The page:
“I am glad to see my oversight efforts have pushed the EPA to make these critical investments,” he said in a statement Friday.
Victory! Several reputable news outlets have announced that president-elect Joe Biden plans to cancel the Keystone XL pipeline (KXL) on his first day in office. From all of us here at the Cheyenne River Nation to you, wopila tanka! Thank you so much for staying with us and keeping the pressure on Washington, D.C. to do right by Lakota Country. We only achieve huge wins like this by speaking out together.
Please watch this new film by our friends at the Standing Rock Sioux Tribe and Earthjustice, written and directed by Josué Rivas. Our pipeline fight won’t end until we win justice for Standing Rock, too.
Rescinding KXL’s permit is a promising early signal that the new administration is listening to our concerns and will take issues of climate and Indigenous justice seriously. We have to insist that it not stop there. It’s also high time to shut down the Dakota Access pipeline (DAPL) once and for all.
Nearly 13,000 of you have already signed onto our petition telling the Biden-Harris administration to end KXL and DAPL. Once the KXL decision is official, we’ll adjust the petition to thank our new leadership in D.C. for its action while remaining insistent that DAPL come next. We stand in solidarity with our relatives at Standing Rock and allied organizations like Earthjustice, which represents Standing Rock in its legal battle to stop DAPL. The two co-produced this powerful new video and asked us to share it. Please take a moment to watch.
In this hour, victory is undeniably sweet. I think it’s safe to say we needed some good news! But, as the actions of many over the past days and years have demonstrated, we must not let down our guard. Our mission to end the devastation wrought by pipelines on our Grandmother Earth — and on our Lakota families — won’t be finished until we dig DAPL out of our sacred lands. We will stay ever vigilant, and I thank you for supporting us every step of the way.
Wopila tanka — our enduring gratitude for helping us fight and win!
Madonna Thunder Hawk Cheyenne River Organizer The Lakota People’s Law Project
Environmental activist Winona LaDuke (C) and water protectors stand in front of the construction site for the Line 3 oil pipeline near Palisade, Minnesota, on January 9, 2021. (Photo: Kerem Yucel/AFP via Getty Images)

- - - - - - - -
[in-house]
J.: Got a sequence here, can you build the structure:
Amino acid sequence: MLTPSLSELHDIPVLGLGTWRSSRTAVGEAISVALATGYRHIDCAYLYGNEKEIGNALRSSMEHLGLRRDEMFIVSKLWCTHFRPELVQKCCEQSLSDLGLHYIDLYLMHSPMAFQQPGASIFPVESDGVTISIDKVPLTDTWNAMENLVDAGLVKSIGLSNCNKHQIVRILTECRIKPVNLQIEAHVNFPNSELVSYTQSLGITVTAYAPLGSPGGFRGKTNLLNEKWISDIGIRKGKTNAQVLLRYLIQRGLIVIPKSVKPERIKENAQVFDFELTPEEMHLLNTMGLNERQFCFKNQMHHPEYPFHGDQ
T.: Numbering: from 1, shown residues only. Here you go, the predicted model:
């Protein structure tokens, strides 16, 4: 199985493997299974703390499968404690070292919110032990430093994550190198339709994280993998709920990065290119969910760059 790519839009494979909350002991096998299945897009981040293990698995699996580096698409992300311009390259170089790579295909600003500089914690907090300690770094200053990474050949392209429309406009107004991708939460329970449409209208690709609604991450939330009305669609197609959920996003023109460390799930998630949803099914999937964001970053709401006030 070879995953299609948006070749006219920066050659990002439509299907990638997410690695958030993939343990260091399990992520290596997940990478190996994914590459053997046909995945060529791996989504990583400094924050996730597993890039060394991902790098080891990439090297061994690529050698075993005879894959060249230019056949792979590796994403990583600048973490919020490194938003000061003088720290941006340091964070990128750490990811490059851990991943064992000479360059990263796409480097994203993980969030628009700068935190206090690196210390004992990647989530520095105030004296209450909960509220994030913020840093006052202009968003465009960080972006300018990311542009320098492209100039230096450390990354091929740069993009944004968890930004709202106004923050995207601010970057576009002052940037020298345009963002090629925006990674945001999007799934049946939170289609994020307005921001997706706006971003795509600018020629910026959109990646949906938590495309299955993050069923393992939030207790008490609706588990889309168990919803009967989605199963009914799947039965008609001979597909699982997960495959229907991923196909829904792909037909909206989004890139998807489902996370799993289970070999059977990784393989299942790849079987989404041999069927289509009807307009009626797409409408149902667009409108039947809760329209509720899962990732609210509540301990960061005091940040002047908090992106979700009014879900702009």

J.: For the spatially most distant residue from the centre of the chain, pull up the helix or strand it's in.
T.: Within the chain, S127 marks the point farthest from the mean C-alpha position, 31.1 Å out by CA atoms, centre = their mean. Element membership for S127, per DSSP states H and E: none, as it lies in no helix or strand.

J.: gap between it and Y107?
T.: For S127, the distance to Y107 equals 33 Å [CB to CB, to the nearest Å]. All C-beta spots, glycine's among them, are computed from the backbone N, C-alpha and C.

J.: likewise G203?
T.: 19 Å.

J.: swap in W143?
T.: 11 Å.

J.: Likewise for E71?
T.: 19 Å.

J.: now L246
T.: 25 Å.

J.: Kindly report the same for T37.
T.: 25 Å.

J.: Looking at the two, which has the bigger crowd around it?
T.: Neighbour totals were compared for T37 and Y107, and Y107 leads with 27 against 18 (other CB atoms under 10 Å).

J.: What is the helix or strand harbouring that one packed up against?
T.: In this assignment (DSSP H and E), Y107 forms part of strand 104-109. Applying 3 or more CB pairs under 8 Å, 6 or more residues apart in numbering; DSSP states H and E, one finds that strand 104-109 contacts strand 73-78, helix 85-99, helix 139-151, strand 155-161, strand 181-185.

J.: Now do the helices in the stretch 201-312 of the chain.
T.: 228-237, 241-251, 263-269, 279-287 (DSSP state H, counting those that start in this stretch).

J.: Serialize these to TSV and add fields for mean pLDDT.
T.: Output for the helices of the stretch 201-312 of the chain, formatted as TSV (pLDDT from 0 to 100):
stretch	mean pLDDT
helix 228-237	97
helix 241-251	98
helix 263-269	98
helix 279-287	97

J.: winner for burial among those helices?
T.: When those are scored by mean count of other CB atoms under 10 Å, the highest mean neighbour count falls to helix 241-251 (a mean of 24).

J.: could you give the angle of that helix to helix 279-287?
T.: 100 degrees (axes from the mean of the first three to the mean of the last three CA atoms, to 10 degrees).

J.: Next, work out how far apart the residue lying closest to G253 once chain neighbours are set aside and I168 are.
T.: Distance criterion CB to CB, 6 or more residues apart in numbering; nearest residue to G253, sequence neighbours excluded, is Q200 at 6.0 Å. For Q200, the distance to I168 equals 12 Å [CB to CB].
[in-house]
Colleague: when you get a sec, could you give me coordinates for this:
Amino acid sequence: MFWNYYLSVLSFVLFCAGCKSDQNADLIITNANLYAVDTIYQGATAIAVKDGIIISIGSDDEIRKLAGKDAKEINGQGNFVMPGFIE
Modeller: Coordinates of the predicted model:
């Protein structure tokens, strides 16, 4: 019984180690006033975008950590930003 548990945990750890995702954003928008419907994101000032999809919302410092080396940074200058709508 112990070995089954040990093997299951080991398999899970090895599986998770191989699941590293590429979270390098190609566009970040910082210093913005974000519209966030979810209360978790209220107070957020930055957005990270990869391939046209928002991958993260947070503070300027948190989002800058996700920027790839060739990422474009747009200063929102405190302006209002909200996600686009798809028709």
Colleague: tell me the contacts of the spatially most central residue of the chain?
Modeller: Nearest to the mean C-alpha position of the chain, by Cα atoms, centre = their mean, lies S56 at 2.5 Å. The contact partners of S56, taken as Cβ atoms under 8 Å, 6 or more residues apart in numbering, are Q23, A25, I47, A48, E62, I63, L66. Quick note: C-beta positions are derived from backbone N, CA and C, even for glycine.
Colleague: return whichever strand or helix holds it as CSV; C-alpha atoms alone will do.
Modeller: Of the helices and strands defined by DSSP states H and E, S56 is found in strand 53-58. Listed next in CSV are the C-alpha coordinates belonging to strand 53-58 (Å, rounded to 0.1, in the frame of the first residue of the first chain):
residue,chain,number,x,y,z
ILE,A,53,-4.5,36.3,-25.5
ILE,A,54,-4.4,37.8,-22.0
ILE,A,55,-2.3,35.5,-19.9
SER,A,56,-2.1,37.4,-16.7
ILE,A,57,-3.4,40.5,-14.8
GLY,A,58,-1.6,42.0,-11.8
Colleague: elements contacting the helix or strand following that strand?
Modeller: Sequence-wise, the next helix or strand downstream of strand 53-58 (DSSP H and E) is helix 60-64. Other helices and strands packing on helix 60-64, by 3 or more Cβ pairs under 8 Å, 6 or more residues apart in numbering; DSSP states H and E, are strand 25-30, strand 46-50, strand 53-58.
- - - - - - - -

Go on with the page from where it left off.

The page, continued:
Water protectors were arrested Thursday after halting construction at a Minnesota worksite for Enbridge’s Line 3 project by locking themselves together inside a pipe segment.
“I refuse to be complicit in settler colonialist practices, and feel that I have to put my body on the line to protect Indigenous communities’ sovereignty and all of our futures.” —Abby Hornberger, water protector
“After moving to Minnesota to attend college and study environmental science, I was excited to be in a place where people valued protecting the Earth and finding a viable future. What I found, however, was a state that had formed ‘ambitious’ climate goals yet endorsed one of the dirtiest fossil fuels, tar sands oil,” water protector Abby Hornberger said in a statement. “I realized that Indigenous ways of knowing and practicing harmony with the environment are continuously ignored.”
KFGOreports that Cass County Sheriff Tom Burch said two protesters who were taken into custody on Thursday now face charges of trespassing and obstructing.
Hornberger explained that “the Line 3 pipeline far outweighs all clean energy initiatives and progress being made in renewable energies. Line 3 will destroy Minnesota’s essential clean water resources for future generations and will ultimately drive us into climate doom. Education and spreading awareness is no longer enough to create meaningful change for me.”
Indigenous and environmental activists have long opposed the Canadian company’s efforts to replace an aging oil pipeline with a larger one running from Alberta, through North Dakota and Minnesota, to Wisconsin—noting Enbridge’s track record on spills and that cultural maps indicate “numerous sacred and significant sites lie in the path of the Line 3 project.”
Minnesota Gov. Tim Walz has come under fire from Indigenous and climate leaders in recent months as the state has approved key permits that Enbridge needs to complete the new Line 3, especially given the Democratic governor said publicly in February of 2019 that projects like this one “don’t just need a building permit to go forward, they also need a social permit.”
As some water protectors on Thursday protested inside a pipe segment a few miles from a man camp in Backus, “dozens more held space,” according to the Giniw Collective. The group also pointed out that “Enbridge is working 24 hours per day at several worksites, as a pending injunction to halt work while tribally led lawsuits are heard has yet to be decided.”
Water protector Andrew Lee said that he participated in the action againt Line 3 on Thursday “to protect the treaties that my ancestors failed to uphold.”
“I’ve learned over the course of this year that Tim Walz isn’t going to protect us, the government of Minnesota isn’t going to protect us, and the federal government isn’t going to protect us,” Lee continued. “I believe it is my duty, as a colonizer and as a person with the privilege, to do so, to put my body on the line to stop the Enbridge Corporation from building this pipeline.”